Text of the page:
Posts Tagged ‘Hawkeye’

Football and Comedy

Saturday, February 18th, 2017

Football, a brutal sport symbolizing man’s primal quest to conquer territory, offers humor as compelling as the viciousness of Dick Butkus, the grace of Lynn Swann, and the agility of Walter Payton.

Necessary Roughness exemplifies the underdog theme, a common focus in sports films.  Film critic Roger Ebert noted, “I fell for it again this time, because it was well done, and because the movie doesn’t try to pump itself up into more than it is, a good-humored entertainment.”

Starting from scratch after a corruption scandal, which includes recruiting violations and steroid abuse, forces the firing of its coaches and the expulsion of its players, except one, the Texas State Fighting Armadillos hires Coach Ed “Straight Arrow” Gennero.  A lack of players forces him to rebuild by employing “iron man” football, where the same players take the field on offense and defense.

At the heart of the team is a player who might have ranked with Joe Montana, Dan Marino, and Terry Bradshaw as one of the best quarterbacks ever.  Paul Blake, on the verge of entering college, quit football to take care of his family’s farm after his father died—a decade and a half ago.  To pass the time, Blake throws footballs at a scarecrow that he dresses with a football jersey.

Necessary Roughness utilizes the device of gathering misfits coming together to win the game against a superior opponent.  Blake throws the winning touchdown to Charlie Banks, the only player remaining from the corruption-laden squad.

Little Giants, too, relies on the underdog story, pitting the O’Shea brothers—played by Ed O’Neill and Rick Moranis—against each other.  Kevin O’Shea is a former Heisman Trophy winner, hence, a football legend in his hometown of Urbania, Ohio.  Now a pee wee football coach, Kevin prides himself on leading the best players Urbania has to offer.  Danny, meanwhile, strives to lead the misfits cast off by Kevin.  During halftime of the climactic game between Kevin’s Little Cowboys and Danny’s Little Giants, Danny tells a story about how he beat Kevin racing their bikes down Cherry Hill, an iconic part of Urbania.  It only happened once, but it proves that you only need “one time” to score a victory.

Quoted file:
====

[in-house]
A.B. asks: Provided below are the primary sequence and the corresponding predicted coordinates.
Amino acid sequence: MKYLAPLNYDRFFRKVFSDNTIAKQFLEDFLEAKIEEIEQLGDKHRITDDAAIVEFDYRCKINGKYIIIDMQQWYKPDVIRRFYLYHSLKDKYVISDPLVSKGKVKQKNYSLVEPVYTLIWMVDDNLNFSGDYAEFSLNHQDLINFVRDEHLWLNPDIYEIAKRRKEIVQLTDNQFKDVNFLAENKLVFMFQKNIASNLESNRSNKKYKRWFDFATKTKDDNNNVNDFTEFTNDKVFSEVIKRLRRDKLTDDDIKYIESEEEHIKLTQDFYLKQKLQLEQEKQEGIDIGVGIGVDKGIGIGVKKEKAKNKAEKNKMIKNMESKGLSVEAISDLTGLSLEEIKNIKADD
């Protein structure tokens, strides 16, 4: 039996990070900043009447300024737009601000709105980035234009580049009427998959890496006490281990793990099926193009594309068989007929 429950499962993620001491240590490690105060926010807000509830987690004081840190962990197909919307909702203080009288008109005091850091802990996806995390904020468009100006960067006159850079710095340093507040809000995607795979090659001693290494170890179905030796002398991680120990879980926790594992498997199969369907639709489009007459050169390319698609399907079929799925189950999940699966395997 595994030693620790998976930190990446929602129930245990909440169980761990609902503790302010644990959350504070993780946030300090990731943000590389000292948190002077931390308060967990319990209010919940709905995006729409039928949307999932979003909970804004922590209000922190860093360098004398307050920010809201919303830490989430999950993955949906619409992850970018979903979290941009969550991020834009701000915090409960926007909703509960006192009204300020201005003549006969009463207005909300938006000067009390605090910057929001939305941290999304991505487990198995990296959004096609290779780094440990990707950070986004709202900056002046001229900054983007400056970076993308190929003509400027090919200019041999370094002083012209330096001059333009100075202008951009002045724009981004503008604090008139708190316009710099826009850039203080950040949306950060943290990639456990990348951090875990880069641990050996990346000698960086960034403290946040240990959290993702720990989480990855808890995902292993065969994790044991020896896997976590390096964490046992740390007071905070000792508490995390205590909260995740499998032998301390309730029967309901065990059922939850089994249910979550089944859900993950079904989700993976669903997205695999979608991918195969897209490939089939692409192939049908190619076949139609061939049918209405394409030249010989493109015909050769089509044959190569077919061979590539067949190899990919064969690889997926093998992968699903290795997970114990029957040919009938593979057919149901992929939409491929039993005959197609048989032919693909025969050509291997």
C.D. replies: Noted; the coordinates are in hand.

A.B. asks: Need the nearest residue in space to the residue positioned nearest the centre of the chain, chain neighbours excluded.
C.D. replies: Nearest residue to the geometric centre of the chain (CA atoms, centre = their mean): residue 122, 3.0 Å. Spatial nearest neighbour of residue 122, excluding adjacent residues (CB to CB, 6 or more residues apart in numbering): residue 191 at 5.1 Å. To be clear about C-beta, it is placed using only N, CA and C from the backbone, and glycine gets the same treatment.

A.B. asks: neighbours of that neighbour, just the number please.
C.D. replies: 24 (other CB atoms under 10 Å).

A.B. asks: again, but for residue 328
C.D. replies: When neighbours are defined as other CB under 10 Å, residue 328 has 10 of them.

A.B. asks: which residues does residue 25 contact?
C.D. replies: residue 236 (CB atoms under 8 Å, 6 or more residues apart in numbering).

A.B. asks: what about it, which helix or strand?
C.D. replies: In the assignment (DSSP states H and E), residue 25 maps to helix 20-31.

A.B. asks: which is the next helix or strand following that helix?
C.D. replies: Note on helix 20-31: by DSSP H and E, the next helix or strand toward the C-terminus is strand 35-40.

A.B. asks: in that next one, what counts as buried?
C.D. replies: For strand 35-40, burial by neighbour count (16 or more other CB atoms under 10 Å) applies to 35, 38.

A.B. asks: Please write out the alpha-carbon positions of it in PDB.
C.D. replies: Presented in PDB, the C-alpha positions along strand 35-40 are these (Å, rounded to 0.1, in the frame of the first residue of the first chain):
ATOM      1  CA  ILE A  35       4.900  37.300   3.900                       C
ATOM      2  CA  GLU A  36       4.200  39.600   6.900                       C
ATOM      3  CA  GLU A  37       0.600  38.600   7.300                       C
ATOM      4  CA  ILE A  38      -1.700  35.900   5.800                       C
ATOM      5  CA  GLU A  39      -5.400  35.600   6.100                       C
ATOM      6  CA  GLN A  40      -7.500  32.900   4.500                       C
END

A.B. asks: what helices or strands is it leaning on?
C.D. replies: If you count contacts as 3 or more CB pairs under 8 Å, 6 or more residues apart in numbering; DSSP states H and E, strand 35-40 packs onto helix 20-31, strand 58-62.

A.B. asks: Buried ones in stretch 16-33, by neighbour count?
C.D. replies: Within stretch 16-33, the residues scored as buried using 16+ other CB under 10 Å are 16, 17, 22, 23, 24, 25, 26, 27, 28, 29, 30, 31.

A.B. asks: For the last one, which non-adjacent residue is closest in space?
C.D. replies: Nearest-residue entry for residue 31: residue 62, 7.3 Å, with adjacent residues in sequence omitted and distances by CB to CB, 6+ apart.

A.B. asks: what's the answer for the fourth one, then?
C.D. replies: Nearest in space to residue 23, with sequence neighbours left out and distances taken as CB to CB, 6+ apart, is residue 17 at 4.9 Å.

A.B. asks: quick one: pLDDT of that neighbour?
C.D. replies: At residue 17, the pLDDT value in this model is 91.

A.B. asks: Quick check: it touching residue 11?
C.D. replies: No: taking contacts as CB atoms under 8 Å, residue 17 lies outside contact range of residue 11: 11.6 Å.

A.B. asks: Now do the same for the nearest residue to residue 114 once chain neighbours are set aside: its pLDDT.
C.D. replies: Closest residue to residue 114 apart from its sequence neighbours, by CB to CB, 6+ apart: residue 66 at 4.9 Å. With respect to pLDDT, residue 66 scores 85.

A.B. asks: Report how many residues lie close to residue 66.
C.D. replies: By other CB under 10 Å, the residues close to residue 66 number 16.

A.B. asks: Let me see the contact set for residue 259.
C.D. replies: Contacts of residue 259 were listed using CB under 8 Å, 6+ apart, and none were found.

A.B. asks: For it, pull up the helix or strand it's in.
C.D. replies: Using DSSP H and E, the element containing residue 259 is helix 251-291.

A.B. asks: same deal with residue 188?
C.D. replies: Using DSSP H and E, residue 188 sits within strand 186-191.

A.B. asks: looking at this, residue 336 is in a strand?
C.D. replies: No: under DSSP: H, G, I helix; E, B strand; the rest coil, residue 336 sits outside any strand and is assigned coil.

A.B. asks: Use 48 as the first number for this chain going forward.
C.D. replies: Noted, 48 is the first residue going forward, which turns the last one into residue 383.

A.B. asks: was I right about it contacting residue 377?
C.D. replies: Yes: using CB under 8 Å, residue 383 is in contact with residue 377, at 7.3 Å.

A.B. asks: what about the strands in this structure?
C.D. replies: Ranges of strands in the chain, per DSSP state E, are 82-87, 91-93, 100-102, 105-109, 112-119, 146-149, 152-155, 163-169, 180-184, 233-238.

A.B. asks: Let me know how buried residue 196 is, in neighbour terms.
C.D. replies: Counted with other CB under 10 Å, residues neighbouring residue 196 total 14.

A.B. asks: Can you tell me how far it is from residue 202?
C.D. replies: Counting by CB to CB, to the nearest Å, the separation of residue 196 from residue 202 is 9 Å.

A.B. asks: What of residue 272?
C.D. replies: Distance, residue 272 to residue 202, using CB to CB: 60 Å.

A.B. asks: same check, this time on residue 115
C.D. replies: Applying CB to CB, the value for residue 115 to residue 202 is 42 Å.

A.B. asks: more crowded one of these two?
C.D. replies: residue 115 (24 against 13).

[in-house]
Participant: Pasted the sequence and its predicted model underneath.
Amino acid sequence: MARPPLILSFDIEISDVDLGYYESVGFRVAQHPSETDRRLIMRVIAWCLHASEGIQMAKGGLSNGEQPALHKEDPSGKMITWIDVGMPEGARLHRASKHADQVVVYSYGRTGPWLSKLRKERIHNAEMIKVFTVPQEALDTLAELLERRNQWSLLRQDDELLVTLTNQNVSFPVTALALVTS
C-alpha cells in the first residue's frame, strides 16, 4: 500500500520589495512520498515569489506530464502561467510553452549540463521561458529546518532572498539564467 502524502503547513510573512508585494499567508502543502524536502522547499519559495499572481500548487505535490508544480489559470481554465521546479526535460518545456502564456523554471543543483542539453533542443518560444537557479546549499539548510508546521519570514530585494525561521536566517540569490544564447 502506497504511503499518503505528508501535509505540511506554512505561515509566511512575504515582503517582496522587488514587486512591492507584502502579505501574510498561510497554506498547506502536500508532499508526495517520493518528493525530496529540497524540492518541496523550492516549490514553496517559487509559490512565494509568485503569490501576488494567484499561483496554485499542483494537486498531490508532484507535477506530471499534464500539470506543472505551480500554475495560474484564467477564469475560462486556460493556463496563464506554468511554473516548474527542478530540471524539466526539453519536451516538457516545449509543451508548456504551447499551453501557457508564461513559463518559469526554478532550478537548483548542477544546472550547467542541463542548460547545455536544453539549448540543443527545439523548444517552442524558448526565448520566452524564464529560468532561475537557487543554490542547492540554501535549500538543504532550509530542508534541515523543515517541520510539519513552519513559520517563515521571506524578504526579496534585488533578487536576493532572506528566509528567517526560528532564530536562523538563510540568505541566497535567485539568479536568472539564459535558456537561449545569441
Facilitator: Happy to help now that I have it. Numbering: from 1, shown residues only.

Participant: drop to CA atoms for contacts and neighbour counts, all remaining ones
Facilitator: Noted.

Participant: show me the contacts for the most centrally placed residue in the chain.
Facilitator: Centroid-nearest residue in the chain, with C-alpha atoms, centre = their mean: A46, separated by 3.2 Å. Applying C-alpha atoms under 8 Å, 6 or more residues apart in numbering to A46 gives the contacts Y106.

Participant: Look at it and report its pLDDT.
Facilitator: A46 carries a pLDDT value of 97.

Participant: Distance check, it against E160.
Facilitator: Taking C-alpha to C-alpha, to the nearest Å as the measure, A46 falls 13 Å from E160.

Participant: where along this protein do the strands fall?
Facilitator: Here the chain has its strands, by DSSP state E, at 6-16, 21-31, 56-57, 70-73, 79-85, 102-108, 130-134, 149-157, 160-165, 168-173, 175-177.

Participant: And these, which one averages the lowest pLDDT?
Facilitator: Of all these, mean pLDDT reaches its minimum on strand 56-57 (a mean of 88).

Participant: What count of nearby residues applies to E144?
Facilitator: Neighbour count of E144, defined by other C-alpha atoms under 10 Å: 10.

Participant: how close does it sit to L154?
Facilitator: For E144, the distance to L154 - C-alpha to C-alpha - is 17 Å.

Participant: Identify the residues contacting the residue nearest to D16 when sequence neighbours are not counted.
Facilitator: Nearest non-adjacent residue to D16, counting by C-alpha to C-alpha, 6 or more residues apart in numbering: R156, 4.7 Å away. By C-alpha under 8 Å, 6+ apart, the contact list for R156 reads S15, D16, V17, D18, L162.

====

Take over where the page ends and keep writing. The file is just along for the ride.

A trick play called “Annexation of Puerto Rico” helps the Little Giants defeat the Little Cowboys, despite the latter’s superiority.

The Replacements told the story of the fictional Washington Sentinels during a players strike.  Shane Falco finds another shot at football stardom when he replaces Eddie Martel as the Sentinels quarterback.  A college phenom, Falco suffered an ignominious defeat in a bowl game, burned out quickly in the professional ranks, and wonders what might have been.  Jimmy McGinty, the newly hired coach, recruits Falco along with other players who, under other circumstances, would never get a second look.  Or a first one, probably.

Martel crosses the picket line, though the players don’t have the same respect for him that they do for Falco.  McGinty sends in Falco, the Sentinels win, and another underdog football story ends in victory.

Gene Hackman, Keanu Reeves, and Brett Cullen played, respectively, McGinty, Falco, and Martel.

On his web site www.brettcullen.com, Cullen revealed his awe at standing on the field at Nextel Stadium—which served as the Sentinels’ home stadium—with the film’s location manager.

“I call him the first night I got into Baltimore and said, ‘Let’s get together.  I’d been there for a day,” Cullen explained.  “So, we had dinner at McCormick and Schmidt’s and after dinner we got in his car and he said, ‘Come on, I want to show you something.’  We drove over to the stadium, which was completely dark.  We went around to the back entrance and he flashed his badge to security and they let us in.  We walked onto the field and out to the 50-yard line in the Ravens stadium, and you look at all those seats being full, and you’re playing football and you’re in a fishbowl and everyone’s screaming at you—it’s a lot like being a gladiator.  I saw it and went, ‘I get it now.’  That was real thrilling for me.  That was one of those moments before we started doing the picture that I went, ‘Wow this is going to be cool.'”

The Longest Yard stars Burt Reynolds, James Hampton, Michael Conrad, Bernadette Peters, and Eddie Albert.  This 1974 film centers on a game between prisoners and prison guards.  It’s fixed, though—the warden ensures a victory for the guards by threatening Paul Crewe, played by Reynolds.  Crewe, a former pro quarterback, was known to fix football games.  In turn, the prisoners think he’s thwrowing this game for some kind of bribe.  All is going according to the warden’s plan until Crewe decides to turn against the warden.